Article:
rescue. reunite. rehome. rethink.

Most employees and volunteers at shelters are there because they want to help animals. But animals alone usually aren't enough to keep everyone interested in staying. These articles on improving staff retention and employee/volunteer morale can help you identify problems at their root and prevent your team's attitude and performance from being positive and enthusiastic to stale or even worse.

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Featured ARTICLES

  • This Card Can Be a Lifesaver

    Animal care and control officers who receive membership cards when they join the Kansas Animal Control Association will find more than simple proof that they're members'those cards contain information that could possibly save a life.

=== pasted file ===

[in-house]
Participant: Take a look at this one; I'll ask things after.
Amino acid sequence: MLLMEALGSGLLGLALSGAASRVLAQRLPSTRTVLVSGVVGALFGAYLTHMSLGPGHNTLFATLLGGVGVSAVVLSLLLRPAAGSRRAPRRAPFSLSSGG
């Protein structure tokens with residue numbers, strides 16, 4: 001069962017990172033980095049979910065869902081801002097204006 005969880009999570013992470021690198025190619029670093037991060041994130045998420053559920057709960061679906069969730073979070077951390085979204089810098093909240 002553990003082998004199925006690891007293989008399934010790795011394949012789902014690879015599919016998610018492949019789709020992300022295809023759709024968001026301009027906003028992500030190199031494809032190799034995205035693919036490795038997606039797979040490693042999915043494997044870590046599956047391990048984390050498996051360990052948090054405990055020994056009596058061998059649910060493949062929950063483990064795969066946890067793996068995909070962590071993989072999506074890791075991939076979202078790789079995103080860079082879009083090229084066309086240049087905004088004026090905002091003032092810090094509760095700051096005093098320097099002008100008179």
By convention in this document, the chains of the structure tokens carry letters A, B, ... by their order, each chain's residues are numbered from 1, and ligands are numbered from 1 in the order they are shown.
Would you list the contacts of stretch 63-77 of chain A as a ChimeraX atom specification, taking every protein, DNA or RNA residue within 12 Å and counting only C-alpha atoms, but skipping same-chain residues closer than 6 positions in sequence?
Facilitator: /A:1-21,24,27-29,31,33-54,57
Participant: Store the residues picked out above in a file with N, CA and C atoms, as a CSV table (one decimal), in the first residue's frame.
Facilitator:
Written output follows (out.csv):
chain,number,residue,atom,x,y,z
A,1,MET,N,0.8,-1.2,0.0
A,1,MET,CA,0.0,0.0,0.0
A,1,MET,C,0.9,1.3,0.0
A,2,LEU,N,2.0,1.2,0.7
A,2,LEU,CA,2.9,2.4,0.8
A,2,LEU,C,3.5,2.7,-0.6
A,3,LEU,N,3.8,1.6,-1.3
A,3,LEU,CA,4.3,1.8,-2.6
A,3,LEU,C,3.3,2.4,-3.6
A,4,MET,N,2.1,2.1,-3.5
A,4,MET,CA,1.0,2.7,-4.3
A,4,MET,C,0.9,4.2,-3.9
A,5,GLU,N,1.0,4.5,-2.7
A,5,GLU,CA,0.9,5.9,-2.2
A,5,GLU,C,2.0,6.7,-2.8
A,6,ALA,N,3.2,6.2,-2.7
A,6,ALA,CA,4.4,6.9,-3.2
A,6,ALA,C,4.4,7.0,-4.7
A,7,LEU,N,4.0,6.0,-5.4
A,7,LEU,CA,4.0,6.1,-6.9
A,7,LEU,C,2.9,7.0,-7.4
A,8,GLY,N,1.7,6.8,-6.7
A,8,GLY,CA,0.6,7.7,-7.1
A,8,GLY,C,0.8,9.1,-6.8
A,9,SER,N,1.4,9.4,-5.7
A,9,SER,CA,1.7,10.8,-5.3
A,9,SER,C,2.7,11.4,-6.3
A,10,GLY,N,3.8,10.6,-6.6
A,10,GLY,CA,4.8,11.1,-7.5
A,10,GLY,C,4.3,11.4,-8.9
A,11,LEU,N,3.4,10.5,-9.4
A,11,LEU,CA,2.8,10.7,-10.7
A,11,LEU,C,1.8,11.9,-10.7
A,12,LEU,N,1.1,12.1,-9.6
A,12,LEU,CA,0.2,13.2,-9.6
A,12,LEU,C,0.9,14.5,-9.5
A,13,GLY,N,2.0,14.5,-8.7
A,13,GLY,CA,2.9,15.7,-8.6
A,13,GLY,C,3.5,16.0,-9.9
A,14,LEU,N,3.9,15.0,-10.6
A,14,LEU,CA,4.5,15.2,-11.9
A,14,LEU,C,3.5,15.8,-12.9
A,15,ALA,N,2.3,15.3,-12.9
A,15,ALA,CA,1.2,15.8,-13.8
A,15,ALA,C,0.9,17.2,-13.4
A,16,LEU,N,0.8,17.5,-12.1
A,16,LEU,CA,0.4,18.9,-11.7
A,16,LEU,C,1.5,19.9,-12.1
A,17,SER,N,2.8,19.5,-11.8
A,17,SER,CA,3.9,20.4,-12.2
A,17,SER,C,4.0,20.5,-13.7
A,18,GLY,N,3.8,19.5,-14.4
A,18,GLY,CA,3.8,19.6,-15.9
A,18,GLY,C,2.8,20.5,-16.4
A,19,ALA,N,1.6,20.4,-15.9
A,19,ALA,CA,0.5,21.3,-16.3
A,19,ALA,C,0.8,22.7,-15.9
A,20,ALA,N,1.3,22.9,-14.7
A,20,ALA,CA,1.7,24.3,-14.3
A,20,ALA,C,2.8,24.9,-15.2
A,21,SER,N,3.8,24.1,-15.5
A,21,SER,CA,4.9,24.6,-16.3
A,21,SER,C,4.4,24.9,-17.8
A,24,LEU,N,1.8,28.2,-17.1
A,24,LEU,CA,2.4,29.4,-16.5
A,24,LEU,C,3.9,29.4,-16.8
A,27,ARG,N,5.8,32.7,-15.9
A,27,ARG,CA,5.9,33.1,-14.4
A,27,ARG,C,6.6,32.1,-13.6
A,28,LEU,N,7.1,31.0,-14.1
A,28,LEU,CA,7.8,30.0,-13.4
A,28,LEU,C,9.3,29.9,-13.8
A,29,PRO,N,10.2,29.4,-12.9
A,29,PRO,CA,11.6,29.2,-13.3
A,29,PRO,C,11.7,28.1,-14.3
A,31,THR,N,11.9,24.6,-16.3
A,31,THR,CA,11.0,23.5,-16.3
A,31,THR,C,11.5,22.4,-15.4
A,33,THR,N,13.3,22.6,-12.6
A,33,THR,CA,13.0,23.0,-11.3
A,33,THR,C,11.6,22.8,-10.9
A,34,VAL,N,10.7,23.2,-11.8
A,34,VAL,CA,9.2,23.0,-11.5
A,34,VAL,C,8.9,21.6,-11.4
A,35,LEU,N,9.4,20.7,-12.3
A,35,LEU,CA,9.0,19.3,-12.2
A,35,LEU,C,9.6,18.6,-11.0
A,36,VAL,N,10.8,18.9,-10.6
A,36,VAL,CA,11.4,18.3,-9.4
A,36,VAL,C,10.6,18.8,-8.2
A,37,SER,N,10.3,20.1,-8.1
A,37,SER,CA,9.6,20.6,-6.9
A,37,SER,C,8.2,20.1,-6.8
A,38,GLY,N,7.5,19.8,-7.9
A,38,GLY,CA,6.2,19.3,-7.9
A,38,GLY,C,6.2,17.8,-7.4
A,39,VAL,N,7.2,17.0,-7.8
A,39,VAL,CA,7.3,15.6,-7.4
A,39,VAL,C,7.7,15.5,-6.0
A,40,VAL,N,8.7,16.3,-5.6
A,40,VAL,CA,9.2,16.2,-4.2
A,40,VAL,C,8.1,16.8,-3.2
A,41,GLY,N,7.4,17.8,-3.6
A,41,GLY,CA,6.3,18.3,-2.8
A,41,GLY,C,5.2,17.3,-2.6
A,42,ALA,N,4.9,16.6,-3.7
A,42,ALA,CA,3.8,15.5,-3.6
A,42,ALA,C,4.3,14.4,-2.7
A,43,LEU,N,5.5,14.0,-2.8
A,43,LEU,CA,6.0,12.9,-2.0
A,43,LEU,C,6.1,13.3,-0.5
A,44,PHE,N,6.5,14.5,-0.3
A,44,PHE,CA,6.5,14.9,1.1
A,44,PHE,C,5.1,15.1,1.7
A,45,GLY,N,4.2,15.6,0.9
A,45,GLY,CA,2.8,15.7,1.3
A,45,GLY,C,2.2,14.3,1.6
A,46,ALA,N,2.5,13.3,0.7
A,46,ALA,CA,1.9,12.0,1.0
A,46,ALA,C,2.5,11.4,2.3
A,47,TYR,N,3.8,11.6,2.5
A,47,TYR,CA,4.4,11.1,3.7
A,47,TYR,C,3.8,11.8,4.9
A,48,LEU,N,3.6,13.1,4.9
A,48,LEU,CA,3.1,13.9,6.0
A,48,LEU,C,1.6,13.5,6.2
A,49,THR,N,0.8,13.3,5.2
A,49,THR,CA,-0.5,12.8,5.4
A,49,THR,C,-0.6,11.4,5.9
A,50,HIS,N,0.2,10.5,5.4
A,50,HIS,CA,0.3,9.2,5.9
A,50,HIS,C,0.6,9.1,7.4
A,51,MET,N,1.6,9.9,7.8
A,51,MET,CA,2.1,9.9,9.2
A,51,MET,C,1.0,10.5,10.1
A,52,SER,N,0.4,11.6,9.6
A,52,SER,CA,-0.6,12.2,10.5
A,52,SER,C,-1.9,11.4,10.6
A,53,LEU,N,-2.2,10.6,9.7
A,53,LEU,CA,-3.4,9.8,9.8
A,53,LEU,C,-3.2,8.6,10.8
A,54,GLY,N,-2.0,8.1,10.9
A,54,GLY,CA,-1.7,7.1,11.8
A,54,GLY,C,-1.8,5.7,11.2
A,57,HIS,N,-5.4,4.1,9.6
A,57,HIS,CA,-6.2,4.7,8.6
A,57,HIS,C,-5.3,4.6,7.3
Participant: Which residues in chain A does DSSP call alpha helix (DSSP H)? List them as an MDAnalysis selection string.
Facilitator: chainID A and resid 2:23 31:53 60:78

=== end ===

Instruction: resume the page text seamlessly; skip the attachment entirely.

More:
• Workplace Culture Agreement

    The road to a healthy work environment can start with a simple document that describes the ideal interactions among staff.

  • Slowing the Revolving Door: Strategies for Improving Staff Retention, Part 2

    This second of two articles on staff retention investigates the benefits of ensuring a support network for staff and the importance of providing training and opportunities for advancement.

  • Asking the Right Questions

    Job-seekers aren't the only ones who should try to ace the interview -- employers can hone their skills, too

  • Hire Education

    By learning to screen applicants effectively through careful resume review and detailed interviews, shelter managers can avoid making bad choices and learn to select people who have what it takes to become dedicated, long-term employees. 

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